Gender assignment in female congenital adrenal hyperplasia: a difficult experience

Authors


Hüsoyin Özbey, MD, Istanbul Medical Faculty, Department of Paediatric Surgery, 34390 Capa, Istanbul, Turkey.
e-mail: huseyinbey@hotmail.com

Abstract

OBJECTIVE

To report experience of gender (re)assignment in genotypic female (46XX) patients with congenital adrenal hyperplasia (f-CAH), a difficult and stressful experience if complicated with delayed presentation and inadvertent assignment.

PATIENTS AND METHODS

Between 1983 and 2002, 70 patients with f-CAH were counselled for gender assignment. The age at diagnosis and operation, the degree of virilization, parental consanguinity, the gender preference of the families, and the factors governing the decision-making process were determined.

RESULTS

Forty-one (59%) patients presented after the neonatal period. All parents had already assumed or were advised of a gender for their children, based on the suggestive appearance of the external genitalia. Consequently, 49 patients were reared as female and 21 as ‘male’. Only nine of these ‘males’ could be reassigned as females (mean age at presentation 7.87 months, sd 10.42). Twelve children had to be reared as ‘male’ (mean age at presentation 55.8 months, sd 32.42) in compliance with the parents’ and the study group's decision, and appropriate masculinizing reconstructive surgery was undertaken. The difference in the mean age of those reassigned as female and those who remained ‘male’ was significant (P < 0.001). The parental consanguinity rate among the families was especially high in the ‘male’ patients.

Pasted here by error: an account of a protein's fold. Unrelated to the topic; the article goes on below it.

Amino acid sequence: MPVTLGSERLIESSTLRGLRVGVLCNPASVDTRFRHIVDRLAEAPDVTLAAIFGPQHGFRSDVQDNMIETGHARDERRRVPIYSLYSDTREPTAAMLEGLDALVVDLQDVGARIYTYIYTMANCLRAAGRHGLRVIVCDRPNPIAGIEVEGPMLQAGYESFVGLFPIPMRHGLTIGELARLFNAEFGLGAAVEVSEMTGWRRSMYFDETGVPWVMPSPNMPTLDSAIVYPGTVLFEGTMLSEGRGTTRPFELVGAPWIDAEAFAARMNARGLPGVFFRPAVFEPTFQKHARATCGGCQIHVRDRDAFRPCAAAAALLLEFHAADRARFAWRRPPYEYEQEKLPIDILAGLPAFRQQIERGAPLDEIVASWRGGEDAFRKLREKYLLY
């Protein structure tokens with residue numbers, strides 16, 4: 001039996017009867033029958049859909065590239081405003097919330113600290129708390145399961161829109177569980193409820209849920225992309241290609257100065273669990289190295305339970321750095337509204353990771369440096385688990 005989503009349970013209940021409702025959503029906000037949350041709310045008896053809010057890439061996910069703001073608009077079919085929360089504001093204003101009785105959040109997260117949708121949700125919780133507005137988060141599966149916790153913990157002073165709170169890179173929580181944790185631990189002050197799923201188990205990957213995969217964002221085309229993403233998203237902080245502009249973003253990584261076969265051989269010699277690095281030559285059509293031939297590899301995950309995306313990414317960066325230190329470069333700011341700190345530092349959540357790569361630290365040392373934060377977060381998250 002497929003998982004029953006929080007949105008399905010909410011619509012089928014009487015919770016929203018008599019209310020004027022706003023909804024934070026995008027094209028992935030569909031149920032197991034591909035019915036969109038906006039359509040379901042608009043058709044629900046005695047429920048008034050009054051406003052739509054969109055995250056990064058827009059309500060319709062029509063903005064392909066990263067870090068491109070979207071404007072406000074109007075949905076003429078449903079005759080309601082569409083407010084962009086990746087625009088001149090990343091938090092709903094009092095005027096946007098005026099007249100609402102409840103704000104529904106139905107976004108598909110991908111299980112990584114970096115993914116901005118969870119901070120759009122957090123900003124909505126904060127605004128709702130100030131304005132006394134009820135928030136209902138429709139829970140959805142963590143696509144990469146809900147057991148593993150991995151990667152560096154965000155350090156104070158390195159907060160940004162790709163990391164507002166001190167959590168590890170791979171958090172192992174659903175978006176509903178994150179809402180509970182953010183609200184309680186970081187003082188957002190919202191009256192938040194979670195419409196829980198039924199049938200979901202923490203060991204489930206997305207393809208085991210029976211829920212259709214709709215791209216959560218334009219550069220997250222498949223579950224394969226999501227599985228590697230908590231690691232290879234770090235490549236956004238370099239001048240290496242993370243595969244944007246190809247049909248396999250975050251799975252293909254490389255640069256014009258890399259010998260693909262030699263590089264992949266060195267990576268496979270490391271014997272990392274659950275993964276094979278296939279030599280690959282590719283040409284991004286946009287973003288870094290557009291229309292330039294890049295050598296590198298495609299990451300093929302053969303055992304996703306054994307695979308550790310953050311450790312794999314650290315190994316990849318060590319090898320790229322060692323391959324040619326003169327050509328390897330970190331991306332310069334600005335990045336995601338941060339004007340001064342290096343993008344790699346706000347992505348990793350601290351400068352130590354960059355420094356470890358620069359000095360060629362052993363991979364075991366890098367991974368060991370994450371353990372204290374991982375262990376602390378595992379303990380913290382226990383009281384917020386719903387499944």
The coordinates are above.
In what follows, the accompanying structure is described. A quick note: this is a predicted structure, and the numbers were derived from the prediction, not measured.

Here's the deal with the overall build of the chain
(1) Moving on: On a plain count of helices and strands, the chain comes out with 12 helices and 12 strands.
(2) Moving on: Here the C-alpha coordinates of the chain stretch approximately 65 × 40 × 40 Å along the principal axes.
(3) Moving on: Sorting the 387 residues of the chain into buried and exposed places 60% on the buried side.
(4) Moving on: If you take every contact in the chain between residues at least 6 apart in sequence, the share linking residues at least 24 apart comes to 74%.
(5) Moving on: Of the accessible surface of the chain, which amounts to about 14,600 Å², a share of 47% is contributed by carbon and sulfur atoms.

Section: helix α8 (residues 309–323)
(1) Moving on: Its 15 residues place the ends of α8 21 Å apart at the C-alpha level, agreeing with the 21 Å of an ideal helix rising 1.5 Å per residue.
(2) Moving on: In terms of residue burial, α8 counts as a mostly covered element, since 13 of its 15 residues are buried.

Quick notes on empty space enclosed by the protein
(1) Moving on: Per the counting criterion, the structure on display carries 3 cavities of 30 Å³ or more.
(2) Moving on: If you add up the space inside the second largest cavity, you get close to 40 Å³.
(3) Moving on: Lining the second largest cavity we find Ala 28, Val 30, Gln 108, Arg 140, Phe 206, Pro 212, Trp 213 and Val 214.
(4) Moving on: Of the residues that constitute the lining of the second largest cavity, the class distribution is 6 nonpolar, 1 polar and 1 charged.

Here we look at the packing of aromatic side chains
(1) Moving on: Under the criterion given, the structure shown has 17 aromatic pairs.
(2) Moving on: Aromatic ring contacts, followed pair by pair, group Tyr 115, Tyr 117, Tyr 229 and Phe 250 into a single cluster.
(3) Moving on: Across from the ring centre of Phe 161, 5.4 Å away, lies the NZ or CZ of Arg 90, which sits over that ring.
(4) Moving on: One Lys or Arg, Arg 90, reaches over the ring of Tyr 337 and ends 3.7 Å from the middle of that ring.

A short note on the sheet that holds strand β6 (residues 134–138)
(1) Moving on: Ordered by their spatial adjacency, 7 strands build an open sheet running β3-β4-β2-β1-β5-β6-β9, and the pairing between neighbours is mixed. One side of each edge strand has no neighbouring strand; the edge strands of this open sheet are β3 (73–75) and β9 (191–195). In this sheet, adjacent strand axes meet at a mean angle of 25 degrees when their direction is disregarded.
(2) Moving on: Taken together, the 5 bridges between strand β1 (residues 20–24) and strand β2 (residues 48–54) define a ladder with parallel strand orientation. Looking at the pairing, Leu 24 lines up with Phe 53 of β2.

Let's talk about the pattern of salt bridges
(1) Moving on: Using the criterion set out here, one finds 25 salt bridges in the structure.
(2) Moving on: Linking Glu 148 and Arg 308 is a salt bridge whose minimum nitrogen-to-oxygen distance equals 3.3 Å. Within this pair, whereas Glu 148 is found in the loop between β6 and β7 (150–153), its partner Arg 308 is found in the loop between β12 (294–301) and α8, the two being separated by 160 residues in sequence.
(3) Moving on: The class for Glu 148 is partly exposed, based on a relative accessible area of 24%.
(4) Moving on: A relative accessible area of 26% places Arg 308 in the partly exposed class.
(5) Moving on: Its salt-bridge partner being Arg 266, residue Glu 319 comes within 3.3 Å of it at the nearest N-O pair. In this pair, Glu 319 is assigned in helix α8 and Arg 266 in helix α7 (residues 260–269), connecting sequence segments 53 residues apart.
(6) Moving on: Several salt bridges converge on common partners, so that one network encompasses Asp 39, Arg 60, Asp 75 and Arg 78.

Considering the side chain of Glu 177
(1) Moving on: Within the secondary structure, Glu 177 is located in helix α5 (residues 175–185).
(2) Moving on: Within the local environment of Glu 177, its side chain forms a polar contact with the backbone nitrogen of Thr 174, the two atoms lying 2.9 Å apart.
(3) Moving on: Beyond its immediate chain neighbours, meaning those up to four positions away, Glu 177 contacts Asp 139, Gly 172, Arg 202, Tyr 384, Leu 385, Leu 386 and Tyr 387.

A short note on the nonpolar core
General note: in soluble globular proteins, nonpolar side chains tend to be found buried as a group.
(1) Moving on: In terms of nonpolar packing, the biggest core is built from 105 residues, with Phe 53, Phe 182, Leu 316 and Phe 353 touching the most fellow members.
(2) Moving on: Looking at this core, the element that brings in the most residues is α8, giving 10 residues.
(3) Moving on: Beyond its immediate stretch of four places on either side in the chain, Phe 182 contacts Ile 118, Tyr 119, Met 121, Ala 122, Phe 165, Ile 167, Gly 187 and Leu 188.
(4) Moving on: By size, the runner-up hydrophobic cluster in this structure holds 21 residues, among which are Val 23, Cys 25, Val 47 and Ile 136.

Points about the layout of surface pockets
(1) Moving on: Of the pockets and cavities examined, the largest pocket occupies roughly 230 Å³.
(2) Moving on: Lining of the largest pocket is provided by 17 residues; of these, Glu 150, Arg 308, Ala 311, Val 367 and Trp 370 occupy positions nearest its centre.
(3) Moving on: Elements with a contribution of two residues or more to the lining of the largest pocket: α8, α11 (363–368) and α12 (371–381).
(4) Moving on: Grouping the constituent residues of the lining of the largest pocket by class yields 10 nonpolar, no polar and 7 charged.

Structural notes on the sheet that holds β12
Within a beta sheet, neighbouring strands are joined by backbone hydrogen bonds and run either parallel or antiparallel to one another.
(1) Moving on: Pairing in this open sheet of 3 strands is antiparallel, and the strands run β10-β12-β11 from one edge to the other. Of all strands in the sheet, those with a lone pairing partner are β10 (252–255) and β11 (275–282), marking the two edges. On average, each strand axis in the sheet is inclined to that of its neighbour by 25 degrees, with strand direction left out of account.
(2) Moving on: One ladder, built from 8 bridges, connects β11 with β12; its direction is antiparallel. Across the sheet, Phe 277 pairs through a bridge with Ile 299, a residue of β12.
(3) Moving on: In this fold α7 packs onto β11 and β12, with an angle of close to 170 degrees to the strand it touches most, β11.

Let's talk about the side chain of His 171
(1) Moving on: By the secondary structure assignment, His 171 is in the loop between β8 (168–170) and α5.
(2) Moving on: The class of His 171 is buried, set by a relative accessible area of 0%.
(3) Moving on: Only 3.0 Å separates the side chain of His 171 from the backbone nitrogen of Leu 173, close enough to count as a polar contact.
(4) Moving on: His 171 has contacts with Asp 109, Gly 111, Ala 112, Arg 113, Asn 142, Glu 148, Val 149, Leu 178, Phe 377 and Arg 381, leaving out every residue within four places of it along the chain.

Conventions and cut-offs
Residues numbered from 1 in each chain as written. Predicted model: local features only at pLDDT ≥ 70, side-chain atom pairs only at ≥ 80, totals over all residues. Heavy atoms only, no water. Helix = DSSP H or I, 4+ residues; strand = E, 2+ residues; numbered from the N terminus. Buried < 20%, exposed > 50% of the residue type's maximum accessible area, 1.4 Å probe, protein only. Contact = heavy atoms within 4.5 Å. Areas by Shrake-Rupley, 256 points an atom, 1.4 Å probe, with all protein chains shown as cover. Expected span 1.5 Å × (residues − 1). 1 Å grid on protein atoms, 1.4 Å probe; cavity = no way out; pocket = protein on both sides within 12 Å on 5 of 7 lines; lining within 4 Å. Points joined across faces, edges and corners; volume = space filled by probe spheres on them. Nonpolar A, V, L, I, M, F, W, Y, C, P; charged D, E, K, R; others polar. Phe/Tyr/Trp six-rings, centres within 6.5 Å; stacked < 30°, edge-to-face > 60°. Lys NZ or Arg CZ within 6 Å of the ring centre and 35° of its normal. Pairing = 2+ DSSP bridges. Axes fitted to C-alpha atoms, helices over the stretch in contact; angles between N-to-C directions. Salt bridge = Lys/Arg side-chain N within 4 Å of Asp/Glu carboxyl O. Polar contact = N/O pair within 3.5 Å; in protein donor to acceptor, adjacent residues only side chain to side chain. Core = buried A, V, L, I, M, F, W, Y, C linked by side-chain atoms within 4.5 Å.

CONCLUSIONS

It is extremely difficult to correct the gender of patients with f-CAH when they present at >2.5 years old. Furthermore, the delay in diagnosis and the male bias in choice of gender in our population might be a result of strong social pressures on families, influenced by cultural, traditional and economic factors.

Ancillary